The six-year Salt Lake Temple renovation project reached a momentous halfway point on Tuesday with a massive infusion of concrete for the new, earthquake-resistant foundation.

More than 150 ready-mix concrete trucks began rolling up to the Temple Square worksite just after midnight to pour out concrete for 6-foot-deep footings all around the temple’s west tower, part of a new seismic foundation intended to protect the historic pioneer temple from future earthquakes.

The temple “stands in stately majesty as a beacon of light to all the world,” according to President Russell M. Nelson, president of The Church of Jesus Christ of Latter-day Saints, and Tuesday’s concrete pour is a significant phase in the renovation of the iconic temple.

“We’ve been preparing to build this foundation for three years,” said Andy Kirby, director of historic temple renovations. “This concrete creates the footing for the new foundation for the Salt Lake Temple,” he said Tuesday.

One visual underscored the importance of Tuesday’s milestone. The stairway to the temple’s photogenic west door now seems to levitate in the air above the yawning excavation that exposes the old foundation. Walk off that final step now and you’d fall 35 feet to the base of Tuesday’s concrete pour. Then you’d look up from the ground at the new concrete foundation base, which is six feet tall.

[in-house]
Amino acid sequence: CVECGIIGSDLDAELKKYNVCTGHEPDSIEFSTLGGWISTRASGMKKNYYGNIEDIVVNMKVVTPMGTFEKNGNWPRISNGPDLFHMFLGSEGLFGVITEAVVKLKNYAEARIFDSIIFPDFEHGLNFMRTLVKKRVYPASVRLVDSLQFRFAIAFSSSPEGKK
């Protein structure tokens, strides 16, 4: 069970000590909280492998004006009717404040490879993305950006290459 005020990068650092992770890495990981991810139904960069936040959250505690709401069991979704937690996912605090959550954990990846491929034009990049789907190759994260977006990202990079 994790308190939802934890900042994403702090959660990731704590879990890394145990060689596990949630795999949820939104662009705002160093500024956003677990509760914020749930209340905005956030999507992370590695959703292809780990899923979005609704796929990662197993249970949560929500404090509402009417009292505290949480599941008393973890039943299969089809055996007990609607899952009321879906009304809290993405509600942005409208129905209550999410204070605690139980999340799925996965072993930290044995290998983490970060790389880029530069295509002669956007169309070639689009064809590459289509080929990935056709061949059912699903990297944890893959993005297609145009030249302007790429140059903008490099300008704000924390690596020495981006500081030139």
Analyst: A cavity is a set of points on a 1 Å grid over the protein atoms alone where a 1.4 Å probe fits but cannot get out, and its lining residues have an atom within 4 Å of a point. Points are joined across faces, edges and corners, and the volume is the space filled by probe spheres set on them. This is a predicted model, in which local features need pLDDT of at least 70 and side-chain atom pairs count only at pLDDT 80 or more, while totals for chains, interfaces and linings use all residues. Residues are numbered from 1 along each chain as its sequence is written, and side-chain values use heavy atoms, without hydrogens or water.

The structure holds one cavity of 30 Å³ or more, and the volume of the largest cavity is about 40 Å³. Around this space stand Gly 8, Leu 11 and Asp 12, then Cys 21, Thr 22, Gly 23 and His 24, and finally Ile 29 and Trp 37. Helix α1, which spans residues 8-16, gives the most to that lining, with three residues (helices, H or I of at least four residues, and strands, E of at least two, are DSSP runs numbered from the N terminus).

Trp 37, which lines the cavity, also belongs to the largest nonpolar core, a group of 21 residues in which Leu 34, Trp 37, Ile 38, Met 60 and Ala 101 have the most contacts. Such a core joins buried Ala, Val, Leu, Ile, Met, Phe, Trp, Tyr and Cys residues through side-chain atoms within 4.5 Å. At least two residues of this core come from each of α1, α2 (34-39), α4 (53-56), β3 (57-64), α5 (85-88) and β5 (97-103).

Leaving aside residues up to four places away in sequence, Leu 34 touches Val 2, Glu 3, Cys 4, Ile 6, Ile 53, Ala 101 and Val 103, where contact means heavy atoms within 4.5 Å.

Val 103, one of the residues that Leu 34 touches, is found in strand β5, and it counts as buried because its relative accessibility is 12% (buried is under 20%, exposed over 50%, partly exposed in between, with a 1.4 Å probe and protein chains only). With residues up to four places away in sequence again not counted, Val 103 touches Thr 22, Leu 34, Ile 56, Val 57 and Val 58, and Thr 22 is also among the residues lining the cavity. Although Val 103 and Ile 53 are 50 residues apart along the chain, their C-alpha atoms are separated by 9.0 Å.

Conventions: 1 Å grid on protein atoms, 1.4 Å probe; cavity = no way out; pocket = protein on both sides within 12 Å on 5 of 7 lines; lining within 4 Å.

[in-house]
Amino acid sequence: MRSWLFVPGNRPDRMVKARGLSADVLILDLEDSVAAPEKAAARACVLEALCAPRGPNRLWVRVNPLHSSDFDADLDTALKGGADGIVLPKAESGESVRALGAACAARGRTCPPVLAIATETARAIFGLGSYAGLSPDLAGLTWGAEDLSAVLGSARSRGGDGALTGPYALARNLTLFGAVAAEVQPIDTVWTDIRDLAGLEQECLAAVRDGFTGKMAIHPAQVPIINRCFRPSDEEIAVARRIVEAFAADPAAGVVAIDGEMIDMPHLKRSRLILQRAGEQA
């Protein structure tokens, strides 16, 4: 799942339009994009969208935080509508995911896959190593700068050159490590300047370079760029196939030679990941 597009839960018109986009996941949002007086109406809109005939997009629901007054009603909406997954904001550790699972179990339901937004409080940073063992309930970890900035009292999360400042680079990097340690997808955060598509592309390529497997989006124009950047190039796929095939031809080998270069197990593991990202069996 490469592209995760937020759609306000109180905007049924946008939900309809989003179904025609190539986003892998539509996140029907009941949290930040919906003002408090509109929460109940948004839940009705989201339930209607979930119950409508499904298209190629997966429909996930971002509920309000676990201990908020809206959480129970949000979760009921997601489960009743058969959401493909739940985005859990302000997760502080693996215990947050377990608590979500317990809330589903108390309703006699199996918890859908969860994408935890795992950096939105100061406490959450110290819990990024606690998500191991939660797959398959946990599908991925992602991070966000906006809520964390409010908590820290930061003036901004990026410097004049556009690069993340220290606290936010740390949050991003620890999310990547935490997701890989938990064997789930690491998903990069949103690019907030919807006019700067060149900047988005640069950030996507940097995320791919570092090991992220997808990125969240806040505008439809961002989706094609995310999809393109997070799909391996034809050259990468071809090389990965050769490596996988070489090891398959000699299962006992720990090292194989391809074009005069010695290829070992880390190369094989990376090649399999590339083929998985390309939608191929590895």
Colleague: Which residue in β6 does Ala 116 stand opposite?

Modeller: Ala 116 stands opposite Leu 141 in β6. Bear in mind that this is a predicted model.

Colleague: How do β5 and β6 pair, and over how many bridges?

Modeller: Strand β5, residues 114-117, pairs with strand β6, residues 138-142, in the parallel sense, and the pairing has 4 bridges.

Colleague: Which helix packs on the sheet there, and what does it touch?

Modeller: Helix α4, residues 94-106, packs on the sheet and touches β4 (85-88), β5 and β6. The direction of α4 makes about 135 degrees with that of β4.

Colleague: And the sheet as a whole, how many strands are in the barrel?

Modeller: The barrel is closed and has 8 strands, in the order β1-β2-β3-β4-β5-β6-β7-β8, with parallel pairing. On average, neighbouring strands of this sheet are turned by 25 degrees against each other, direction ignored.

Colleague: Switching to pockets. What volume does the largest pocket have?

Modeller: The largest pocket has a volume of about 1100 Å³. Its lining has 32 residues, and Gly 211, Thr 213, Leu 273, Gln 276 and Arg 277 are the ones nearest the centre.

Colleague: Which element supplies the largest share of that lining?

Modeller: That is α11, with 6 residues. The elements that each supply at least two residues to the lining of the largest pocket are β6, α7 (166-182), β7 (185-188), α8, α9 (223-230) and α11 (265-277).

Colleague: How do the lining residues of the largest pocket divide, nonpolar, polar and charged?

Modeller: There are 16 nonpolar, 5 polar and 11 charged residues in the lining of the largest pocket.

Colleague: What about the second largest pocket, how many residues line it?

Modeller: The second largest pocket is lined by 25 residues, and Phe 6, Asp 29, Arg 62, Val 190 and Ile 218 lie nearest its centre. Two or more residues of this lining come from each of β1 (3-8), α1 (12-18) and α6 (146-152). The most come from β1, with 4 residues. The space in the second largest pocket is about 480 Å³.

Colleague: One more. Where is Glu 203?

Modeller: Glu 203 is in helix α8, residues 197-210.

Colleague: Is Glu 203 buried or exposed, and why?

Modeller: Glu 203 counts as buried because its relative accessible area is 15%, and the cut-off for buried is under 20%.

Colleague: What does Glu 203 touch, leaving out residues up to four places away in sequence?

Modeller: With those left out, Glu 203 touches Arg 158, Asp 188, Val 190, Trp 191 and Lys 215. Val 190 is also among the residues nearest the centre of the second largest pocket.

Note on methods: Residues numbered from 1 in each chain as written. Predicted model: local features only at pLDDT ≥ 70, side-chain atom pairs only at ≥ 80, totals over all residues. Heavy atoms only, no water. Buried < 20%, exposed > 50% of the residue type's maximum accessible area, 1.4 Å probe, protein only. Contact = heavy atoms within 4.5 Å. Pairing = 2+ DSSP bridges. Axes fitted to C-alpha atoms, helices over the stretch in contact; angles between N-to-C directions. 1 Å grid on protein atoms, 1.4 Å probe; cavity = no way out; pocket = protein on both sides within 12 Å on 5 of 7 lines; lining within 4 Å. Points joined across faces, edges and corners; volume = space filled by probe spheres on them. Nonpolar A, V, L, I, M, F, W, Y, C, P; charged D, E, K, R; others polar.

That deep concrete is dense. The strength of the concrete in a normal driveway is 2,500 to 3,000 pounds per square inch. Typical concrete walls or columns are 3,000 to 5,000 psi. The concrete in Tuesday’s pouring of the foundation is 8,000 psi.

In a couple of weeks, after all that dense, new concrete cures or dries, workers will begin to install the first of the 98 base isolators that will hold the temple separate from the earth, Kirby said.

“The seismic work is what we call our critical path. We can’t do other things until it’s finished,” he said.

“So, yes, I would say we’re 50%, because we’ve done all the preparation. Now we’re building up out of the ground. Today’s a milestone in that process, where we’re casting the west footing. The west footing goes all the way around the three west spire towers of the Salt Lake Temple, inside and outside.”

By inside and outside, Kirby said, he referred to the fact that the concrete pour filled huge molds extending many feet outside the temple wall as well as underneath the temple wall. Where one base isolator will be set on the new concrete just outside a wall, a sister base isolator paired with it will be placed next to it under the temple wall.

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“It’s the largest pour and it’s a very, very difficult pour because the footings are full of steel reinforcement,” he said. “It’s a it’s an intricate design for a footing. I’ve never seen reinforcement like this, in my experience.”

Concrete is poured at the Salt Lake Utah Temple of The Church of Jesus Christ of Latter-day Saints.